41st City Council District Race: Butler’s Three-Point Plan To Jumpstart District

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Henry Butler Photo by Kelly Mena

Henry Butler, one of the frontrunners in the Democratic primary race to succeed term-limited City Councilwoman Darlene Mealy, today released a three-point plan to grow employment, stem poverty and reduce crime in the economically challenged 41st City Council District.

“The people of Brownsville, Bedford-Stuyvesant, Crown Heights, East Flatbush and Ocean Hill are some of the most hardworking and determined citizens New York City has to offer, but we have been historically underserved and overlooked,” said Butler in releasing the plan.

Butler noted the district’s 14.2% unemployment rate is higher than all of Brooklyn (10.9%) as well as all of New York State (9.2%).

“Our community is strong, but the resulting effects of this reality are heartbreaking. Thirty-seven percent of our residents live below the federal poverty level, struggling to provide for their families. And as if living in poverty isn’t punishing enough, many of our neighbors are enduring homelessness. This includes our schoolchildren. One out of six District 41 students experienced homelessness within the past five years. Without jobs, people are finding themselves out on the street, with no way to build a better life for themselves,” he said. 

On the employment part of the plan, Butler plans to attack the low rate of participation in existing workforce development programs to retooling the programs in new partnership with New York City Housing Authority (NYCHA) Presidents to communicate directly with individuals who are in need of workforce training opportunities. He will also push for a district-wide education initiative so that people seeking employment know exactly what resources are available to them.

“I also want to make these programs easily accessible to our homeless population. From 2012 to 2015, Brownsville, East Flatbush and parts of Crown Heights had the top three largest increases of families with children entering shelters, surpassing all other neighborhoods in Brooklyn. Our district has 26 homeless shelters and my plan calls for leveraging our shelter infrastructure to provide job search and training services,” said Butler.

The second prong of the plan is in giving added support to small businesses in the district so they can hire more locally.

Citing recent Census Bureau data, Butler said virtually all net new job creation over the past 30 years has come from new businesses less than one year old.

“I will work to give small businesses 100% tax breaks in the first five years of opening, because the first five years are a make-or-break period of time for small businesses and a tax break helps ensure that they are successful and providing jobs to the 41st District. Businesses will also be given tax breaks for hiring new workers and moving part-time workers to full-time, so that we can not only boost employment, but raise earning potential as well. Additionally, I propose tax breaks for the creation and expansion of employee-owned businesses. Studies have shown that employee-owned businesses have a higher annual job growth and lower rates of layoffs than non-worker cooperative businesses,” he said.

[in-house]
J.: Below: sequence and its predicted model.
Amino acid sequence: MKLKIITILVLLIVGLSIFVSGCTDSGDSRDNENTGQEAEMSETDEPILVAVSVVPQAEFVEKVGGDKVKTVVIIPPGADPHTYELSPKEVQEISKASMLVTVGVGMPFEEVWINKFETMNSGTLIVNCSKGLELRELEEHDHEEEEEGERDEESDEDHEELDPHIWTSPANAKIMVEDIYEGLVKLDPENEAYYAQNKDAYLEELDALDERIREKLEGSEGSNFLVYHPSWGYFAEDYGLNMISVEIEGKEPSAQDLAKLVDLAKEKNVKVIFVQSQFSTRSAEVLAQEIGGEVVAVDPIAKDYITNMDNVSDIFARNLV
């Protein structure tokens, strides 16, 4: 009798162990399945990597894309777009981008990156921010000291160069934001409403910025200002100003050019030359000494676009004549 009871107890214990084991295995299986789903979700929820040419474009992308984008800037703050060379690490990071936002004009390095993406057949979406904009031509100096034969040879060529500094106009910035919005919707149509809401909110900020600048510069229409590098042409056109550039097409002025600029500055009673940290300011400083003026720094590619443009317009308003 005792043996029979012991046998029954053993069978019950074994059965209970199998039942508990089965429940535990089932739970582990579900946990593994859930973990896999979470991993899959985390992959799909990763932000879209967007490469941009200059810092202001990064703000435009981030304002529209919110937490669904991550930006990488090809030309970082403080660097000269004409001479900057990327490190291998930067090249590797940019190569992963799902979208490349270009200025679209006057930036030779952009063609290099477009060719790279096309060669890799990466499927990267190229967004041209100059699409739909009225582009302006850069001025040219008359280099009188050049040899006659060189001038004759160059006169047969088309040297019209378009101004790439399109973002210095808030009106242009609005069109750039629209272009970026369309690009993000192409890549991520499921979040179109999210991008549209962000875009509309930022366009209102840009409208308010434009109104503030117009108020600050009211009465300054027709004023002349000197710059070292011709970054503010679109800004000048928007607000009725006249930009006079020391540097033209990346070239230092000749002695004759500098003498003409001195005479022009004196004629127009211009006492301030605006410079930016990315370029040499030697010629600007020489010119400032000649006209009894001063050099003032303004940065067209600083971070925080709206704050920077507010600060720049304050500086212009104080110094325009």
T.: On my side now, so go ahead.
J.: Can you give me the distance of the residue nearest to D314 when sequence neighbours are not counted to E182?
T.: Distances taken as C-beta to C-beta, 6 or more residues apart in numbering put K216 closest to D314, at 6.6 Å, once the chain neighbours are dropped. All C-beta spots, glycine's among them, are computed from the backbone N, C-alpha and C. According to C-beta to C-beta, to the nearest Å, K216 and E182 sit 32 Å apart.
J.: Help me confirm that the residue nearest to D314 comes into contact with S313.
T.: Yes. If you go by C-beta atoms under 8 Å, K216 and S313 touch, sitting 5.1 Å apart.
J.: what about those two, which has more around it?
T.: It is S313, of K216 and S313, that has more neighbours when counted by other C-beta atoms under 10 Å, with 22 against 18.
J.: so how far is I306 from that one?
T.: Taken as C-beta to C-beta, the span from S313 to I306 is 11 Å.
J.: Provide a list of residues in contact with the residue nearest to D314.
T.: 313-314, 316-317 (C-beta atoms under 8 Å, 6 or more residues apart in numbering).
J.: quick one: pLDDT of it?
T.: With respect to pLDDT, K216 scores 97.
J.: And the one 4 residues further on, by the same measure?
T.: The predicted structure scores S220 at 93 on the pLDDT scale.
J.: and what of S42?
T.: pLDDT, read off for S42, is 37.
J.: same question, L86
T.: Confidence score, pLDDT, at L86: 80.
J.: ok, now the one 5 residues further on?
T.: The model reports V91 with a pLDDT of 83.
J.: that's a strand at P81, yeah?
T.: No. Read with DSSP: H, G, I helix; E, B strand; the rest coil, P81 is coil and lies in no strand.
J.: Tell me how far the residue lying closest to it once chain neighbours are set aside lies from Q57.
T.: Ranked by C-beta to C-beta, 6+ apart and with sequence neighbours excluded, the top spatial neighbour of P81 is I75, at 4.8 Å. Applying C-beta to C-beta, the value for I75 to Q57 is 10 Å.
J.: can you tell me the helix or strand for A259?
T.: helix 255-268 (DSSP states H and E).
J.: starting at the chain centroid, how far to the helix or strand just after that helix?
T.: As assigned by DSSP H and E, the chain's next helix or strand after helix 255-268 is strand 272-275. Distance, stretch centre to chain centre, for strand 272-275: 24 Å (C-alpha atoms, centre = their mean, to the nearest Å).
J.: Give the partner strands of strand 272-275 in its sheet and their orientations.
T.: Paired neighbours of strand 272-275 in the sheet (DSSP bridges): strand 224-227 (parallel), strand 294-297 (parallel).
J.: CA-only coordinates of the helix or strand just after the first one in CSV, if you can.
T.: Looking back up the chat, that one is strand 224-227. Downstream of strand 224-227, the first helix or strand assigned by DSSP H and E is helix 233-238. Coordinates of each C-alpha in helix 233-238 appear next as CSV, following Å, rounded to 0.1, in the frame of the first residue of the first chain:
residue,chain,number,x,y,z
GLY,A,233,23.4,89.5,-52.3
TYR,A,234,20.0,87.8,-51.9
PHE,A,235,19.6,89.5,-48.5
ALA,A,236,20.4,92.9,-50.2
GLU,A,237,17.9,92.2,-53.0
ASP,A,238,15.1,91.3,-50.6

Butler said as a city council member he will also make sure that local businesses hire deserving people of all backgrounds, namely the formerly incarcerated, veterans and the long-term unemployed in exchange for tax breaks.

“I was shocked to learn that out of the 5,409 certified minority- and women-owned businesses registered with the city, less than 1% come from District 41. This is something I’m determined to change and I will fight to make sure that Mayor de Blasio’s 30% Minority and Women-Owned Business Enterprise participation program serves new businesses in our own district,” said Butler.

“With money now designated to support MWBE’s, I will make sure that our minority- and women-owned businesses in the community get their fair share of the funds. I will advocate for a new NYC Department of Small Business Services satellite office in the district to address the incredibly low rate of MWBE’s in our community,” he added. 

The last prong of Butler’s plan calls for strengthening public-private partnerships that will boost employment throughout the district

I propose creating our district’s first “economic pipeline,” or what one could call an “economic pipeline to the future.” I will facilitate strong public-private partnerships that will serve as a conduit for employment by encouraging businesses to invest in our job training programs and then ensuring employment for members of our community who participate in those programs,” he said.

Butler, a retired MTA conductor, and current Community Board 3 District Manager, said his extensive experience working with local elected officials and unions, uniquely qualifies him to put his plan into action upon Day 1 after getting elected to the city council.

To see the complete click here: HButlerPlan1_v5.


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